Then the Lord rained on Sodom and Gomorrah sulfur and fire from the Lord out of heaven; and [the Lord] overthrew those cities, and all the Plain, and all the inhabitants of the cities, and what grew on the ground.Genesis 19:24-25 (NRSV)
. . . now God would cleanse all the cities of Judah—the Daughters of Zion and Jerusalem itself.
There would be rubble and ruin for a space of seventy years, during the time of Judah’s exile. But, when they returned, through the sweat of their brows, and the work of their hands, but also by God’s mighty wonder-working power, resources would flow, edicts would be delivered by new emperors, and up from that rubble would rise the very glory of God, and a new temple, symbolized by God’s Shekinah,
Bride of God
In contrast to their erstwhile wicked leaders, the Branch would be perfect and good
In contrast to seven women desperately clinging to one man, God’s Shekinah would be as a wedding canopy—the meaning of the Hebrew word translated as canopy—over God’s people. Beauty, glory, purity, and holiness go over and around the bride of God.
It will serve as a pavilion, a shade by day from the heat, and a refuge and a shelter from the storm and rain.Isaiah 4:6 (NRSV)
Who would be this Branch that will bring about such a stunning and incredible salvation?
All those who have put their faith in Him know the Branch as the Messiah, the shoot springing up from what seemed like the dead stump of King David’s line.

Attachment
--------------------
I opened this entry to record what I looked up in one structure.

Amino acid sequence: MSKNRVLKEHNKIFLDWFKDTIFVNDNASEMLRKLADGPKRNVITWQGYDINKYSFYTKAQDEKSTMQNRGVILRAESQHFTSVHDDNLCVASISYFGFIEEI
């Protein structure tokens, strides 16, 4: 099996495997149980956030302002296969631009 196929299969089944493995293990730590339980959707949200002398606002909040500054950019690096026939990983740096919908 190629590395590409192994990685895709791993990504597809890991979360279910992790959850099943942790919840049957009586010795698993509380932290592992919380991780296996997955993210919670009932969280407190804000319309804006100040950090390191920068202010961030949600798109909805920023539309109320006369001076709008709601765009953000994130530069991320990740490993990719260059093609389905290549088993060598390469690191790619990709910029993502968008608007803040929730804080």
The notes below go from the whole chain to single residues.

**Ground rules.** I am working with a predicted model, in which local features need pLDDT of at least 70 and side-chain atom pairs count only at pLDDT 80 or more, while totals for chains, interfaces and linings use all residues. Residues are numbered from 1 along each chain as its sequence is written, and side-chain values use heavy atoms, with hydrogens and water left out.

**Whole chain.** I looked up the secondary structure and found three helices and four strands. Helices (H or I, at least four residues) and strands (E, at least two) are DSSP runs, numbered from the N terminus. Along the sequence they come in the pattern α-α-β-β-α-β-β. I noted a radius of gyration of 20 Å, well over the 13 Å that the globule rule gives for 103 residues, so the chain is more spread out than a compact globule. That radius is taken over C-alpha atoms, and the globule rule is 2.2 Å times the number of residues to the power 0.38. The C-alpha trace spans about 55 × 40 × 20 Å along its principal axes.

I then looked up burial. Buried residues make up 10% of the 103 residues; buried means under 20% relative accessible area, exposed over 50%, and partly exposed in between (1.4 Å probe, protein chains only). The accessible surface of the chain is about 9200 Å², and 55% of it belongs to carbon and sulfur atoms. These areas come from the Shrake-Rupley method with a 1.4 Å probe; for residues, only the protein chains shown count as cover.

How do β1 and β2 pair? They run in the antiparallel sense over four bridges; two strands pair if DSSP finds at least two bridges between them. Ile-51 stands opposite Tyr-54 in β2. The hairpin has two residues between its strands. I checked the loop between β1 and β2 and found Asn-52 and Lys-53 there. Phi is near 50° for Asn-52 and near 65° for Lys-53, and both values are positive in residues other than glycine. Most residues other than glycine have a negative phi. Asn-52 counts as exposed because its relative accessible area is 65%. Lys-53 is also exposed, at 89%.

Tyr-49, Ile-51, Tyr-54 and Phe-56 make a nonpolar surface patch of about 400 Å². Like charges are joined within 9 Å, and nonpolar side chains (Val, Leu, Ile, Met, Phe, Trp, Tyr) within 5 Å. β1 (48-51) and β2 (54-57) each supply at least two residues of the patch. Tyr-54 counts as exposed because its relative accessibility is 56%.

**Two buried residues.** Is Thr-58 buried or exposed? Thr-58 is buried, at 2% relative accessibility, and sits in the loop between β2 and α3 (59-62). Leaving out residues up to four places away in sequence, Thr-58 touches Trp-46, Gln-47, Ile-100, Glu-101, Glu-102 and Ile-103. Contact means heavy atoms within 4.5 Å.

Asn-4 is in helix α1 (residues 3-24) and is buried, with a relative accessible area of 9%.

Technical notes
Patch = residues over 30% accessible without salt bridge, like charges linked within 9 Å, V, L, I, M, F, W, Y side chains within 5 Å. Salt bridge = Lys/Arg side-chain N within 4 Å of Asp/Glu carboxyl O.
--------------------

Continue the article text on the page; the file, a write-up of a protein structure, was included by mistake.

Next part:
The genealogy in Matthew 1 gives even further information concerning His identity: Jesus Christ, the Son of David, God the Son. He is both the Branch, and the fruit of the land, born of a woman. He is the one who forgives and cleanses sin, and He is the judge who cleanses by fire. Those who submit to that refining fire will be changed, as Isaiah prophesied, Whoever is left in Zion and remains in Jerusalem will be called holy
God’s glory which had before seemed terrifying will now be the very embodiment of love and warmth, now a cloud of smoke by day and fire by night, the wedding canopy to signify the wedded bliss we, the Bride of God, the Bride of Christ, will enjoy with the Lord for all eternity.
Blessings Spiritual and Physical
It is a glorious scene.
But how can we be sure it will really happen?
Are we to understand Isaiah’s prophecy as metaphor for spiritual reality? Or as a physical prediction?
These questions continue to fuel a robust conversation among scholars and theologians, because this short chapter concerning the Branch comes side-by-side with prophecies that were fulfilled near to Isaiah’s time. Typically, prophecies fulfilled near-time in concrete ways acted as validation of the oracles the seer had given for far future events.
A hundred years ago, this debate seemed in many ways almost purely theoretical. Most theologians argued that this future would never happen because Israel had not been a nation for two millennia, and had even been driven from the land itself. What had once been the temple mount was (and remains) a disputed site, and the temple lay for thousands of years in utter ruins.
But now, many theologians point out, against all odds, Israel is once again a nation and though internationally contested, in 1980 Israel declared Jerusalem its capital.
So how do we navigate between spiritual fulfillment and physical fulfillment?
The Branch has come in fulfillment of many prophecies, and He has given us His promise to return.
Anticipation of the future affects how we live today
Dreading and looking forward both cause us to prepare now, it just depends on our perspective. You and I will live differently now depending on what we anticipate in the future.